This morning, I stuck a load of people underground and made them very unhappy. They are starving, because there is very little food. They are constantly thirsty, because there is almost no water. They are uncommonly well lit, because I accidentally bought two power generators early on, tanking my economy just as it was starting to take flight. Sadly, all my surplus energy really proves is that you cannot eat or drink light.
Oh yes, and these dwellers of mine are not remotely sexy: I put them together in living quarters in friendly pairings and they just stare at each other, dead-eyed and grim. A while back, I sent my best guy out into the wasteland to explore. "I thought I'd never get out of there!" he said as he jogged off, never to be seen again, happier in a deadly radioactive wilderness than he was with me. Joke's on you buddy, I thought. I didn't give you a weapon.
So if you had to pick a single word to describe my style of leadership, it would be neglectful. It always ends up this way, of course. Fallout Shelter was inevitably going to bring out the worst in me. It just did it surprisingly quickly.
Fallout Shelter is the new iOS game from Bethesda. It resembles XCOM or This War of Mine, but it plays a little like one of those interchangeable empire-building games that are all about making the numbers go up. You have a vault, and your job is to nurse it towards prosperity through diligence, clever planning, and micro-transactions. The whole thing plays out on a cross-section of your underground empire, but it lives and dies within a handful of meters at the top of the screen that monitor three crucial resources: energy, food and water.
You prod these meters upwards by building rooms - power generators, diners and water treatment facilities - and then you fill the rooms with dwellers to keep them ticking over. Dwellers all have specific aptitudes, and the cleverness of the thing comes from matching the right person with the right job. Beyond that are rooms that allow you to increase you dweller capacity and encourage them to breed, rooms that allow you to expand your inventory, rooms that allow you to heal people or produce items, and rooms that raise the attributes of your dwellers. Finally, throw in levelling. You never saw such levelling! Level up your dwellers! Level up your rooms! If you run out of space, you can just plain level your rooms too. I suspect that, as with XCOM, where you build stuff is eventually as important as what you build. Chuck two diners next to each other, for example, and they become one mega diner. (This does not happen in real life.)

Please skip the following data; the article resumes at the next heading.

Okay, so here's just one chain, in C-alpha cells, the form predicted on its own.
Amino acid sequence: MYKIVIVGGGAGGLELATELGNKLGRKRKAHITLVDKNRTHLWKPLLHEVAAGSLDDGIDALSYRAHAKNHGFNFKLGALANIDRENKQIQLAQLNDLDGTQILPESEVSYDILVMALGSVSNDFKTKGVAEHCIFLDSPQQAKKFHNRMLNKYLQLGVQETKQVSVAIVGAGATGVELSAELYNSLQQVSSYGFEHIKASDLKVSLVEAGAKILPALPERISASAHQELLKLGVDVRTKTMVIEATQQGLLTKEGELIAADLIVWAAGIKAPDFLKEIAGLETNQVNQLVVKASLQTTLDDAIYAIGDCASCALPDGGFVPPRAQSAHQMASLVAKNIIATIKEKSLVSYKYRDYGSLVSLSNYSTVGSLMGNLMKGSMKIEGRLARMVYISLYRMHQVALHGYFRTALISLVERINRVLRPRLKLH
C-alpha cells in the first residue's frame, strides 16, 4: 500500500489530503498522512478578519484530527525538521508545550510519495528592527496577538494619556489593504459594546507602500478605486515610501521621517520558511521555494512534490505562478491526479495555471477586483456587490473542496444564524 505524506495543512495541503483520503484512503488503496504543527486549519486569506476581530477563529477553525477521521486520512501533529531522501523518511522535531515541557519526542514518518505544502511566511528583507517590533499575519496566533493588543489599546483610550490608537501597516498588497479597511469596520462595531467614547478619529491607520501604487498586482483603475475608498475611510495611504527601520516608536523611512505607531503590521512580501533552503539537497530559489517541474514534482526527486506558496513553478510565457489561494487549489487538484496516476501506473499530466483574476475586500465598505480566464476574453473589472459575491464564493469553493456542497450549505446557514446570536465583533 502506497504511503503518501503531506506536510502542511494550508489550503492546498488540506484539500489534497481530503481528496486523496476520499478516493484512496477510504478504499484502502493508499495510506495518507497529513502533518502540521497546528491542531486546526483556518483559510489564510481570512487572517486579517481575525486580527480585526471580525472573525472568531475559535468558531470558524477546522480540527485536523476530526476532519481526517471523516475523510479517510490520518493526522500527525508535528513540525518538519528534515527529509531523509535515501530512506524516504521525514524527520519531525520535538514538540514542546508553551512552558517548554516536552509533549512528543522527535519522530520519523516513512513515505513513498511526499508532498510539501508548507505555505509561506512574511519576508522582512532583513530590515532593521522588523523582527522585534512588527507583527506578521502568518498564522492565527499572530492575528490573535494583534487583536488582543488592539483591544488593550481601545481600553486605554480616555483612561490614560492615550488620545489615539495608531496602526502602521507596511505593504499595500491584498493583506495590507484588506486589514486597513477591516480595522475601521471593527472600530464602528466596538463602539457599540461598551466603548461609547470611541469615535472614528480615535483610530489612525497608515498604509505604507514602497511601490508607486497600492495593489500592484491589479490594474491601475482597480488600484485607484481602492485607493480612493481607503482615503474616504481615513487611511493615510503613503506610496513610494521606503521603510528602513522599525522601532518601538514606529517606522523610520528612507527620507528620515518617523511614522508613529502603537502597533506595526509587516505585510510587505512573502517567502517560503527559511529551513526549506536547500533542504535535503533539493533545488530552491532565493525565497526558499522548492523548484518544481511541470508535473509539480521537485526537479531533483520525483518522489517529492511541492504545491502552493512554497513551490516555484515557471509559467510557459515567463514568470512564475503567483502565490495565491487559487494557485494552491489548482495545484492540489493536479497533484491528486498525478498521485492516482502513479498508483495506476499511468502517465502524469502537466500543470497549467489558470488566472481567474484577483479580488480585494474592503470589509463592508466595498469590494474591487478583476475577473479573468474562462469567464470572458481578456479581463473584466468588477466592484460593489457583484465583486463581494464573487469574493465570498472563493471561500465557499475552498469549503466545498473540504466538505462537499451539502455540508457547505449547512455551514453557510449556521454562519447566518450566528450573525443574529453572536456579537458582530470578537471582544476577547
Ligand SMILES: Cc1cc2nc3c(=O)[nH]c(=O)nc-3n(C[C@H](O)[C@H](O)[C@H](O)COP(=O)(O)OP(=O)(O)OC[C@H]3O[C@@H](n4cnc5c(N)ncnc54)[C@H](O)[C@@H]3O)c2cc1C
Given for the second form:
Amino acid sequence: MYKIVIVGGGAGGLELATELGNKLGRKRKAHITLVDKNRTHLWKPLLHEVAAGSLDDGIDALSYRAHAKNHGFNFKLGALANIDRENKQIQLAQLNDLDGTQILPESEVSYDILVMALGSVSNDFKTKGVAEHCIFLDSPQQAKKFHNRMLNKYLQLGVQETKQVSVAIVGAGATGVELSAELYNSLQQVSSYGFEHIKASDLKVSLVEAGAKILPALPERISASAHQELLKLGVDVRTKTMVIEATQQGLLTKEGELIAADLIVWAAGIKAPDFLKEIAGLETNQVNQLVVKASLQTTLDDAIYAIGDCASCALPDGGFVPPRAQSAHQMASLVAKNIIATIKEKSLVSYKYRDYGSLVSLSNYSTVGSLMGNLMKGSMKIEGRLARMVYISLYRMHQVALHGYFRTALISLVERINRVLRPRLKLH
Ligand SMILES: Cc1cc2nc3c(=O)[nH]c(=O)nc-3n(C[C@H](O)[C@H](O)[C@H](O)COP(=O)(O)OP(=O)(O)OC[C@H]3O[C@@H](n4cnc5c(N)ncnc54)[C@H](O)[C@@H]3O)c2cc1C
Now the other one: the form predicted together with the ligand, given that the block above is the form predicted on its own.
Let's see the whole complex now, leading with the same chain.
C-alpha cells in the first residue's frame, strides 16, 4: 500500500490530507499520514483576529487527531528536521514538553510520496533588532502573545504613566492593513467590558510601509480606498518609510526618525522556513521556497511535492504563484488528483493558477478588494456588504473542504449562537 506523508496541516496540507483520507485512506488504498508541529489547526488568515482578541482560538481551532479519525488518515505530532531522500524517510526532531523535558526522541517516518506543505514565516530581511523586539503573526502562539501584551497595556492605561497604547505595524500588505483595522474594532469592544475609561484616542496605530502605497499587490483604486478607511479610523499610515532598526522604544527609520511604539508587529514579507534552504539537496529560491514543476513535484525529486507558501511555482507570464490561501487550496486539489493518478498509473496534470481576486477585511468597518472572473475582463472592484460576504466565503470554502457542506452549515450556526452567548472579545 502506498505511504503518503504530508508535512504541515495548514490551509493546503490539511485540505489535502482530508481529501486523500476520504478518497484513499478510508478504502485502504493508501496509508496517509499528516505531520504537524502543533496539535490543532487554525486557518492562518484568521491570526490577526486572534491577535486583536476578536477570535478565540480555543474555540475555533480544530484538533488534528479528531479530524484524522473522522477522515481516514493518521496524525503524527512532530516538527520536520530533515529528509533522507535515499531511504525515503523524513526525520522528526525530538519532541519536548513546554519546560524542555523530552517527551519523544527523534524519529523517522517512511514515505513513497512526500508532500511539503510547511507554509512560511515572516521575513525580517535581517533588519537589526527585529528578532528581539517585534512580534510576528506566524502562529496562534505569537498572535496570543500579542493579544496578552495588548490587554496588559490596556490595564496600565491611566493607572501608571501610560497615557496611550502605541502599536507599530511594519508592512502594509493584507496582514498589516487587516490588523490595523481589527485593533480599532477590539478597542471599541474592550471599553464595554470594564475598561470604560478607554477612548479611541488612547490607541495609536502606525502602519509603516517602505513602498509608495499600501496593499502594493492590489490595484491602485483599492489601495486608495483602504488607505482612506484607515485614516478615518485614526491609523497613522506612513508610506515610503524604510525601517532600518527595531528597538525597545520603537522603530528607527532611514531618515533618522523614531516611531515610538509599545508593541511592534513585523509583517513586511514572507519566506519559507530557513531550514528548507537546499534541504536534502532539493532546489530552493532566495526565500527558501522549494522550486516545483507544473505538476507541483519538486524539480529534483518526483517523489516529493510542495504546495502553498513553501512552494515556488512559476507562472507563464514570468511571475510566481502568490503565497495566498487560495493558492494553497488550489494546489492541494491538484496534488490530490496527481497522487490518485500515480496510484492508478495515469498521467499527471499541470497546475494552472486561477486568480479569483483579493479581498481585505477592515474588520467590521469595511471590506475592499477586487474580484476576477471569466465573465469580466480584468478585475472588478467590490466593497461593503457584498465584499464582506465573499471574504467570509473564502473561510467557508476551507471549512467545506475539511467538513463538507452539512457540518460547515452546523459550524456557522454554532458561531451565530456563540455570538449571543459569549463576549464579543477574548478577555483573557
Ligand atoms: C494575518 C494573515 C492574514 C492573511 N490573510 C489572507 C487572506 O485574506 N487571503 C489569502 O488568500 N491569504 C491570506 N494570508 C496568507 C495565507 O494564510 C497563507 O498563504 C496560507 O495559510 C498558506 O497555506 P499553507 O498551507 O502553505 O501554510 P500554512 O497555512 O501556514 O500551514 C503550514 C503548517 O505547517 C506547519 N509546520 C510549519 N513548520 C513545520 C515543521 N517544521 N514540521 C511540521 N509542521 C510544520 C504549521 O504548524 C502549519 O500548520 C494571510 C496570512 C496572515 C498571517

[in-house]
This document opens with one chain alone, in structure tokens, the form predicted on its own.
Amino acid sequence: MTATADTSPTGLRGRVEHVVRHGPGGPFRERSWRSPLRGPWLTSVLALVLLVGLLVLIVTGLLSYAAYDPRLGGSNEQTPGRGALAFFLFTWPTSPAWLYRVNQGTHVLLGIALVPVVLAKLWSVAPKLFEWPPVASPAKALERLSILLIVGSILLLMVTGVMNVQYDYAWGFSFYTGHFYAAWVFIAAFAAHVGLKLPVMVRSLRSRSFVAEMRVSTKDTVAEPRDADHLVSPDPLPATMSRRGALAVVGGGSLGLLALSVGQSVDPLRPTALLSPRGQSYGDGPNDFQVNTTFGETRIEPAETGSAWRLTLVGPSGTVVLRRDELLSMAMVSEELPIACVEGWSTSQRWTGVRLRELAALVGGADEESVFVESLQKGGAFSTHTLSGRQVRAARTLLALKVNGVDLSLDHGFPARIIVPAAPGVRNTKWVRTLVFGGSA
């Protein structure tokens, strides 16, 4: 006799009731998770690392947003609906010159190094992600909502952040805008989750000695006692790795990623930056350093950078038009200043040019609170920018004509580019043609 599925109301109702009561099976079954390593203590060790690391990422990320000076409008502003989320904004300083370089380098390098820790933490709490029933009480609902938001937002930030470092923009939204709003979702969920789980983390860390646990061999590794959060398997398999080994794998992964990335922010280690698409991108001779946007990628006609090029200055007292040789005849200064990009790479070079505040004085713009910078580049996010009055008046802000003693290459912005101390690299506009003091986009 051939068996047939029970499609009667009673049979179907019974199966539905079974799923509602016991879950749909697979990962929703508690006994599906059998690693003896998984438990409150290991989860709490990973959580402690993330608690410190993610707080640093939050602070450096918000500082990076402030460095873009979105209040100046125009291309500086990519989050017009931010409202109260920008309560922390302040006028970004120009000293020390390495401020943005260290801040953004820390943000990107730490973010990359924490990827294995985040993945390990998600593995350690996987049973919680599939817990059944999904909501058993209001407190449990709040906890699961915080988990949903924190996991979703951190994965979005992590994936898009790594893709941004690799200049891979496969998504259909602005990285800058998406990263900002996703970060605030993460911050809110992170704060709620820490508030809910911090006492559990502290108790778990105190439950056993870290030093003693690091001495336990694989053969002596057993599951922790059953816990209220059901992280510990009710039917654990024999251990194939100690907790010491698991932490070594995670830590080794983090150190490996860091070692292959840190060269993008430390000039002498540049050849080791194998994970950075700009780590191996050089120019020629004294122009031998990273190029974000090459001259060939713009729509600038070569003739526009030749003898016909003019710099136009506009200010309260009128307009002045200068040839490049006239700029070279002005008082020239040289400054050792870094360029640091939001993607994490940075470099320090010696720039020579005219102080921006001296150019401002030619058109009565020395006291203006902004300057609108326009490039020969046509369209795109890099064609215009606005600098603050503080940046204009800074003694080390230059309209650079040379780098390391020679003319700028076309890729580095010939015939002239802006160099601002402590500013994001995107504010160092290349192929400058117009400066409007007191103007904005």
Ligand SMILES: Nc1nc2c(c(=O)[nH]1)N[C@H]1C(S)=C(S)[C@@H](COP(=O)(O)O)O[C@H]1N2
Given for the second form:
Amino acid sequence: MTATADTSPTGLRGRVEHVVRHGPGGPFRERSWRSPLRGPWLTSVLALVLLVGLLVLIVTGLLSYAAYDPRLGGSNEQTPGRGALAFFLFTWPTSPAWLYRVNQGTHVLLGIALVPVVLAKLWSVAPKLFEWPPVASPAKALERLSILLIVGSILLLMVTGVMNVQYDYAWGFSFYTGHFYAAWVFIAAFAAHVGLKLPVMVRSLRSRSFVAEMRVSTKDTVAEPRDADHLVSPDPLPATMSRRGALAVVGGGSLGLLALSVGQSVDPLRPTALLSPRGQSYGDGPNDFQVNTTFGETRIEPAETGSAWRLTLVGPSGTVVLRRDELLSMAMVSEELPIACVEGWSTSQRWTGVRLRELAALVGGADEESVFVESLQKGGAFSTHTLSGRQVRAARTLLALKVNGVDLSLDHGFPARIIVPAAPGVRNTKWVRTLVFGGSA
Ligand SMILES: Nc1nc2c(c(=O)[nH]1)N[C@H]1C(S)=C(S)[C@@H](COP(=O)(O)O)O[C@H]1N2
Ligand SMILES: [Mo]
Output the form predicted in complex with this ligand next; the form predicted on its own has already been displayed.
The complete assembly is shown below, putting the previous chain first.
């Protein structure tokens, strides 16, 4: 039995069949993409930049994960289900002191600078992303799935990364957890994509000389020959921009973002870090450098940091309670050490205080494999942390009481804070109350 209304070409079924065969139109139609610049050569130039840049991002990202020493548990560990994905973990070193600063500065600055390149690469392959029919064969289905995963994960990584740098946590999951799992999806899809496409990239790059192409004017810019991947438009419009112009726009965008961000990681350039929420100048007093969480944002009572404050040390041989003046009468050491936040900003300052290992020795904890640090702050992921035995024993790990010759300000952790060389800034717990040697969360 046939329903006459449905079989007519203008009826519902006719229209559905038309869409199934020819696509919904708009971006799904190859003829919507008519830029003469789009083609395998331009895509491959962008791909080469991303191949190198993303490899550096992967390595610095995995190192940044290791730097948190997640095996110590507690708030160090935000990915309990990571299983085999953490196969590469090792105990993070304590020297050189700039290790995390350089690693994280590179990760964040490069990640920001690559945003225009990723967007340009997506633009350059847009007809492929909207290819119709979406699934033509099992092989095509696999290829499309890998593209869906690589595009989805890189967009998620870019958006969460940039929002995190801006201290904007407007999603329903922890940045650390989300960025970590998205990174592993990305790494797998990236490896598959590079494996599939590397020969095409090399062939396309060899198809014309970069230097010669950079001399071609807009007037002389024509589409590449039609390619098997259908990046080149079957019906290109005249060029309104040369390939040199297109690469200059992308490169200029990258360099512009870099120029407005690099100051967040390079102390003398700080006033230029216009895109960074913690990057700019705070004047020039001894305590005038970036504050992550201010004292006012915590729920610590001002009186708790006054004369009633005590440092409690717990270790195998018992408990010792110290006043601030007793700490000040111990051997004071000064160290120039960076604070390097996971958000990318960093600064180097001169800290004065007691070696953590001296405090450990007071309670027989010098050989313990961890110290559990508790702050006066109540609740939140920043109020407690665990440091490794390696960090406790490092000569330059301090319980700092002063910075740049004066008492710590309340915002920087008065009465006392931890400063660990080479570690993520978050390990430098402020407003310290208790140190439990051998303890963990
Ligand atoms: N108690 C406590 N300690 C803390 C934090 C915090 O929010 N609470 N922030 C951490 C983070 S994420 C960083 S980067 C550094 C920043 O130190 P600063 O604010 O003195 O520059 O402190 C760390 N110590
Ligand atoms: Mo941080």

It's clever busywork for sure, and I was merrily clicking away for an hour or so before I started to worry about where any of this is actually going. Why worry? It's going up! Up with the water stats, the food stats, the charisma stats of the latest guy to wander into my vault, the poor idiot. There are also a handful of neat embellishments, like an exploration system that encourages you to prod people back into the Wasteland where they'll have little adventures, unscrolling tweet-by-tweet as they encounter opportunities and terrible calamities. Beyond that? Attacks to fend off and babies to name. A missions system nurses you through the early stages, too, rewarding you while teaching you the basics of getting your community up and running. It's not bad, really: I've almost brought my own community to its knees, and the game still manages to throw a treat or two my way.
Who knows where it will go from here? After an hour or two, it's all pretty hollow, of course, but that might be the point. In the aftermath of a nuclear apocalypse, I doubt there will be much racing around and doing cartwheels while somebody belts out Ode to Joy. I doubt there will be much self-actualisation. Still, you can tell where a game's heart is from the mechanic it truly delivers on, and Fallout Shelter keeps its best feedback - so far at least - not for the collection of resources, and not for the moment a dweller returns from the wasteland and spills his awful story to you. It's for the moment - heavily indebted to Hearthstone - that you open your lunchbox. That's the terminology for Fallout Shelter's micro-transaction card packs, available in game for a grind but purchasable for real money, too, each one guaranteed to contain a rare or better.
Lunchboxes: this is where Fallout Shelter shines. I bought a job-lot earlier - in the name of research, right? - and I had a lovely hollow time opening them, too.
Playing Fallout Shelter? Check out our Fallout Shelter guide to get bottle caps and resources easily, increase dweller happiness and much more.